The Quiet.

It is there when we catch ourselves breathing the air, feeling the temperature on our skin, listening to the wind as it blows. It is there on that final day of summer camp when we hear the distant breakfast bell ring through the window beside our bed for the last time. It is there on graduation day as we jump in our car, soon after we roll down the window, right there before we turn on the ignition, before we switch on our exit music. It is there on a sandy Carolina beach at the break of dawn as we wade through the tide one last time before our vacation ends. It is there on the shaded porch as we finish a good book, understanding life a little better if only for a short time. The Quiet sits with us when we must catch our breath, when we take stock of our lives.

The Quiet.

It is there when we carry our sons and daughters to college for the first time, to the bus which heads to basic training, to a new job in a different state, to the altar where they marry the love of their life. It is there when we must take our leave, looking in the rear view mirror, glancing over our shoulder for one last glimpse of a picture we want to keep forever in our hearts. The Quiet rides in that seat beside us even though we know that there is little room for it. We cannot help but include it as a passenger because it may be the only company we have.

The Quiet.

It is there when we lose someone we love, a family member, a best friend, a loyal pet. It is there as sadness presses down on our chest, preventing us from taking the deep breath that we need to bridge the chasm that has opened in our heart. It is there as regret and guilt force tears to cloud our eyes from seeing life for the grandeur that it is. It is there when confusion erases the words we need to express our blessings and heartbreak. 

Such is the challenge we all face in life. As we grow older, we perceive the The Quiet's fluid presence, recognizing its harshness, its indifference, its persistence, its impermanence, its encouragement, its tranquility.  We carry the burden and blessing of perception in our lives, learning as we age that change, in all of its degrees and forms, always waits at our door, that door which remains perpetually ajar from previous visits. We realize that we cannot realistically keep our worlds picture-perfect all of the time just as we cannot simply snap our fingers and magically send the disheartening and bleak times away.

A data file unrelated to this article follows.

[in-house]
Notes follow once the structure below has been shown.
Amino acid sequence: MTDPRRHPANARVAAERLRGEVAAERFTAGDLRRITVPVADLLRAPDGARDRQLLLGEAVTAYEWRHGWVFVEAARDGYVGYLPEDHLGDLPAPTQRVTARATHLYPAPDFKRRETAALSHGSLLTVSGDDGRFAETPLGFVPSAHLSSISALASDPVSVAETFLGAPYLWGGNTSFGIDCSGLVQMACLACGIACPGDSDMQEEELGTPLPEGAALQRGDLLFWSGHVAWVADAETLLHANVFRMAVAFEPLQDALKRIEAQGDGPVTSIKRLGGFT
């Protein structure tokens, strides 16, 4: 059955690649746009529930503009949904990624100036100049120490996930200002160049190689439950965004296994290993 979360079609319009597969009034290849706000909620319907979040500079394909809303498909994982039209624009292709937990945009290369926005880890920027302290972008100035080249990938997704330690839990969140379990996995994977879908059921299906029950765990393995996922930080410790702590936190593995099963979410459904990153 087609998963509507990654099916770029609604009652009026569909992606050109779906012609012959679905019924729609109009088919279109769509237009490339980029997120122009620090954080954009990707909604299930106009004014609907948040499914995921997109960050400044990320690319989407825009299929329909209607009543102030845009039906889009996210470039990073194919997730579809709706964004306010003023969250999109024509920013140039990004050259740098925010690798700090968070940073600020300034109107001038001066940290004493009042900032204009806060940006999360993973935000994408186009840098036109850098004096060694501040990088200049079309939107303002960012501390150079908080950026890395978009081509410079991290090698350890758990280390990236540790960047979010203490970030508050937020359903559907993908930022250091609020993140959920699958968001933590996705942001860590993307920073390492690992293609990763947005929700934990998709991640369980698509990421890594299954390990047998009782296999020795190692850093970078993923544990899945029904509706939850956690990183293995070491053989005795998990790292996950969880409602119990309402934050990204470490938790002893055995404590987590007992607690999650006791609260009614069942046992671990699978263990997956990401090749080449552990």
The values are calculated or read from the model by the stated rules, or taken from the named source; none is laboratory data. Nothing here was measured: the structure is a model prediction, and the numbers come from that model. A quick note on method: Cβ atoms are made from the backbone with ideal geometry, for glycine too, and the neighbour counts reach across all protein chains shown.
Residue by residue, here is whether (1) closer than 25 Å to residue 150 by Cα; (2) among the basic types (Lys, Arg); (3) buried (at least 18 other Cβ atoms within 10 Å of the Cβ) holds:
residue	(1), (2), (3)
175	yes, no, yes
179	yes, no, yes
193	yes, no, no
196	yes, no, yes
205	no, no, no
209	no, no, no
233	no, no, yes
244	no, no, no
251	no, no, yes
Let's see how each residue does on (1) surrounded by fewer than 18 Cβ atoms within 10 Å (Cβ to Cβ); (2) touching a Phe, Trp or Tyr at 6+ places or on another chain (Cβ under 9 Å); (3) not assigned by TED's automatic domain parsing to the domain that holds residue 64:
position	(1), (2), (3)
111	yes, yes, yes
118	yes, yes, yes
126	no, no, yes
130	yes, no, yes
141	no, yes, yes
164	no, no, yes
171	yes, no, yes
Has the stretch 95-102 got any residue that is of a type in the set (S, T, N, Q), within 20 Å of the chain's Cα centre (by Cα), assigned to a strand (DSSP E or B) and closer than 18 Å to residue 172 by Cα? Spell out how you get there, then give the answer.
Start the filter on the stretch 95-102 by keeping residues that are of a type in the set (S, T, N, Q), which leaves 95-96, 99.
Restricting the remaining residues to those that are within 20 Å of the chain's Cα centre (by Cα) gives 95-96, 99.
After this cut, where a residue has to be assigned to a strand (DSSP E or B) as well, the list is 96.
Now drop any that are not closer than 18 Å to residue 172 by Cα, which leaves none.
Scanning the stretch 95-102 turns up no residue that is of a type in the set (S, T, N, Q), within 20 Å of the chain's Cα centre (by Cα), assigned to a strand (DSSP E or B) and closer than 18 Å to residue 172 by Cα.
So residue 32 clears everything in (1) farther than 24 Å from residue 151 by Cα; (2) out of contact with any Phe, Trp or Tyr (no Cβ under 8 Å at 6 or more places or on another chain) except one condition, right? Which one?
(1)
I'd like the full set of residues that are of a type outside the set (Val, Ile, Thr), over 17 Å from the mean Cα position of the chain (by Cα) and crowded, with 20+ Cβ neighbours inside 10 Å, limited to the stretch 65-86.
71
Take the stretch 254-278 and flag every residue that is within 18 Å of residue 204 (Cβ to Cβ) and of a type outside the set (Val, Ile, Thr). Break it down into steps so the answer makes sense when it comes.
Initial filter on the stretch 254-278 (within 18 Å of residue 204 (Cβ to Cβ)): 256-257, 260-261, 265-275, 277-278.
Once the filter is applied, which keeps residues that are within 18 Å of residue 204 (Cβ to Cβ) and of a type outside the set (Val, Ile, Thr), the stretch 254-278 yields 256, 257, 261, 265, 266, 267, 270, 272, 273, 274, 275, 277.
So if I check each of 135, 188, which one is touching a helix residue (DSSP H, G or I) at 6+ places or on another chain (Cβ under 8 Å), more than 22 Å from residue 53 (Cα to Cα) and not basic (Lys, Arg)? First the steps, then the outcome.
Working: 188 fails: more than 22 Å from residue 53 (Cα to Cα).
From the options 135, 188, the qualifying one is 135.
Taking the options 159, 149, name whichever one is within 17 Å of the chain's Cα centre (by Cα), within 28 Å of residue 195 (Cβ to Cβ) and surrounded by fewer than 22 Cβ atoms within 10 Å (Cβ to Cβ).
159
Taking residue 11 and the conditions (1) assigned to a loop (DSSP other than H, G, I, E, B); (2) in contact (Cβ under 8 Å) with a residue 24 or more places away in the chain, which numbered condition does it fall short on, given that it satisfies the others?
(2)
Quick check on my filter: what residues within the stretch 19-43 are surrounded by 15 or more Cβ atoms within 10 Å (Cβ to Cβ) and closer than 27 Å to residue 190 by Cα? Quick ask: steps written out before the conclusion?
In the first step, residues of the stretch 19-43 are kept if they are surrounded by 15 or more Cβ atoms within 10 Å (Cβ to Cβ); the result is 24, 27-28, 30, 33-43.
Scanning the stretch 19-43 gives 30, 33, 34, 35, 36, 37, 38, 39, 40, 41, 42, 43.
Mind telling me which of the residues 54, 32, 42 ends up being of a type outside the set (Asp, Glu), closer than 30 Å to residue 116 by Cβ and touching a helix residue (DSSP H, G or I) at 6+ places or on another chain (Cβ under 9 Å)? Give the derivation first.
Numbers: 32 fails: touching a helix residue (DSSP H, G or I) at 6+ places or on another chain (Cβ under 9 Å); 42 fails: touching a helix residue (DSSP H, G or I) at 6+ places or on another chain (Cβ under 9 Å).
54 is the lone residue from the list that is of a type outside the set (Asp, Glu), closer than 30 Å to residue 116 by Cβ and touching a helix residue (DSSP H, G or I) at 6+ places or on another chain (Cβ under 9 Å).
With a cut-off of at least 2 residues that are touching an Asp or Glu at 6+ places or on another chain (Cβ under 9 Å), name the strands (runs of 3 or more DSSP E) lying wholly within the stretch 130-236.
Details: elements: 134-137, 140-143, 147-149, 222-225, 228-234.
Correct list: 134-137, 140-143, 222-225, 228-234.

The Quiet frustrates us, angers us, and tortures us. The Quiet also stands with us, rests with us, and listens to us; it understands that our lives are full of change and that sometimes life is harder on us than we care to admit. The Quiet remains until it chooses to leave, until we are stronger, until a breaking dawn after countless sleepless nights arrives, until we are ready to live again. 

Taking my time with The Quiet.
Still learning lessons you have
taught me, Ranger.

Sunday, June 4, 2017


"I have to stay to the end; I have come this far."

I look over at Doug Costain, who sits three or four seats to my right on the front row just down from first base at Appalachian Power Park, identical seats we had in June of 2016 for the West Virginia State High School Championship baseball games. We are both there early enough to watch our favorite Maroon Knights (his son Chris being his favorite) take the field for warm-ups, both snapping pictures of the players, both doing our best to capture the moment, the end of a story that has been told for over a year.

As the players throw around the baseballs, I toss out an observation, not a stray one but one with an understanding and sentiment I am sure we both comprehend. "Gosh, Doug. It seems as if we were just here a few months ago - (long pause) - Time sure flies..." I stop short of the traditional end of that phrase "when you're having fun" which just does not seem to work here. Not today at least.